Keep the Wheat; Let the Chaff Fly
All good leaders want to improve and thus yearn for impartial, constructive feedback. Leaders get feedback almost every minute though most of that feedback is neither impartial nor constructive.
For instance, after I made a decision a team member did not agree with, she might report to me that I did not listen to her. However, I have also discovered that “you did not listen” is often a synonym for “you did not agree with me” or “you did not act as I wish you had.” A leader can listen and not agree, but it is equally true that a leader may believe that she is listening when she truly is not. How can you tell the difference?
Early in my leadership career, when I was running a middle school, the Head of School came to me with a six page letter listing all my deficiencies as a leader, a teacher, a soccer coach, and as a coup de grace, criticizing my sartorial sense. The letter was full of vitriol and the author could find nothing positive to say about me or my performance. The Head suggested I spend the night with the letter, and we would meet the next day to discuss it. As you can imagine I did not sleep well that night.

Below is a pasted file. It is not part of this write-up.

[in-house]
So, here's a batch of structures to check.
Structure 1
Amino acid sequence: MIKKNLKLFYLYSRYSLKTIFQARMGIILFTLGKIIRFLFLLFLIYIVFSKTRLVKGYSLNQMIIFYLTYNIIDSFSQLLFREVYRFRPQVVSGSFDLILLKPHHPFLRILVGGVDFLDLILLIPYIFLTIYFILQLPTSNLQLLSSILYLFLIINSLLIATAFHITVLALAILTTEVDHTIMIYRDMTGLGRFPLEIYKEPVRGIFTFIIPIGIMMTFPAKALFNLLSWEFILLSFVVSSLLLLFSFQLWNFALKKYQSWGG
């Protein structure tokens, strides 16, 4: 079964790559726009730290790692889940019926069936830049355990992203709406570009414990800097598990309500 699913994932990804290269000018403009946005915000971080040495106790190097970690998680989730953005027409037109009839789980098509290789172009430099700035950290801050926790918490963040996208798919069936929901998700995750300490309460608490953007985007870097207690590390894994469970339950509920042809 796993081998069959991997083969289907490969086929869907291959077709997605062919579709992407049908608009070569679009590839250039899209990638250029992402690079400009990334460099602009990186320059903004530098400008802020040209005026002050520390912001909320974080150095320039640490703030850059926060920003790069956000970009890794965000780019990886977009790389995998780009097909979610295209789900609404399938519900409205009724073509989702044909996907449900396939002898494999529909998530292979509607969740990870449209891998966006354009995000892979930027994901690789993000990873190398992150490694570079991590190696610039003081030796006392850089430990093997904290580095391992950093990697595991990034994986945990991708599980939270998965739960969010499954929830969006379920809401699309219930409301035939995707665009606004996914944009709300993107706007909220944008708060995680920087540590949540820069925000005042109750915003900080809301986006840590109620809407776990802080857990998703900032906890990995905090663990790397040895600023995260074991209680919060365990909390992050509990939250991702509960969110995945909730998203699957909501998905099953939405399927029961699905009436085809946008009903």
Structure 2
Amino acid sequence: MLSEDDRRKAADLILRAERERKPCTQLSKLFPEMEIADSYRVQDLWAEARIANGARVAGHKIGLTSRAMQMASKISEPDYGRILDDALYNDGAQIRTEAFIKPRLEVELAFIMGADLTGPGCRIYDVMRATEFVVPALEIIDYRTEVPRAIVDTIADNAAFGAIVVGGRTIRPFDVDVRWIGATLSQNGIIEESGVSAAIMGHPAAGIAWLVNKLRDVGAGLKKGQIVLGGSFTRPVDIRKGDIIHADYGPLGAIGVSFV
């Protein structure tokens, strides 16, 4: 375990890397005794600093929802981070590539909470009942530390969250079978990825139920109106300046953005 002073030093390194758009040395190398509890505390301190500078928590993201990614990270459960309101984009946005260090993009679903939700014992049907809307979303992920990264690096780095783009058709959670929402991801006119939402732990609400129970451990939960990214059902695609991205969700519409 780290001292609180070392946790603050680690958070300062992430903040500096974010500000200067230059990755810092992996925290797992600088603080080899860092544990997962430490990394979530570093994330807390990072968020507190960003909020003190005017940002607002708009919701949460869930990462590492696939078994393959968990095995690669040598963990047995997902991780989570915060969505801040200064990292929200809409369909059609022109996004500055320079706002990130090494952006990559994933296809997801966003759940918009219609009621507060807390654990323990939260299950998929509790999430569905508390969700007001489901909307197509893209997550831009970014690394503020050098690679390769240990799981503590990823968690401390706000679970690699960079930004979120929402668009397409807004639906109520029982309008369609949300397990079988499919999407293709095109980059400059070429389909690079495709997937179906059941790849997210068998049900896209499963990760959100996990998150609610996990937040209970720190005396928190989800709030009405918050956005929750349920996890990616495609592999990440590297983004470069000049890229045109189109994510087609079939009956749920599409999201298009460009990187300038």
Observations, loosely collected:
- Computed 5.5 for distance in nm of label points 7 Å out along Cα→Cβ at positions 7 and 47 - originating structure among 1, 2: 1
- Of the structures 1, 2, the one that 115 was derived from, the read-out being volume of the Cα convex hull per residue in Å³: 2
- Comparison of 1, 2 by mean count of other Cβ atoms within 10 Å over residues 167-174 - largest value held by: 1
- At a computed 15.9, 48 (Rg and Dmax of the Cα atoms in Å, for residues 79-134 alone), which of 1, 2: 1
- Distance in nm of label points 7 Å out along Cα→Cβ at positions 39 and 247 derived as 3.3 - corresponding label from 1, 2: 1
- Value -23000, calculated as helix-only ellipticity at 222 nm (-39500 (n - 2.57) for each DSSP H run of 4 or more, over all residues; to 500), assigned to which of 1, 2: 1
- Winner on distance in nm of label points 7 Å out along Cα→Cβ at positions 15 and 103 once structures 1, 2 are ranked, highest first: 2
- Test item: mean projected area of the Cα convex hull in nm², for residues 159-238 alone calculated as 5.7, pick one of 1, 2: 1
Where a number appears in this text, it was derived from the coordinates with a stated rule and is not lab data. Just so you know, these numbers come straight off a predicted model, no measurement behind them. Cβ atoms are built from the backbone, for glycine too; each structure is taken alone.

The next day arrived and the Head started the meeting by reassuring me he thought I was doing a good job and that my dress was perfectly acceptable. He continued that he was trying to uncover the motivation of the writer. While that made me feel much better, the more important advice came next. He advised that when you face a screed like this or any criticism, look for the kernels of truth--the wheat and let the chaff fly away.
This advice had two critical elements: (1) look for truthful nuggets that might help you improve and (2) let all the nonsense fly away and not bother you.
After the letter and this advice, I visited with every other member of the leadership team, explained that I received this feedback and wanted their unvarnished views of my performance. I think I got more honest feedback than I might have otherwise given that I was asking with curiosity and sincerity.
The feedback I got was very helpful and made me a better leader and administrator. Fortunately, I was also able to let the chaff fly away. Perhaps because the letter was so over the top, I did not spend time worrying about what was irrelevant or not seen by trusted advisors. Indeed, often a letter like that is more about the writer than the target.
A leader must have a thick skin but also must be open to change. A hard balance indeed.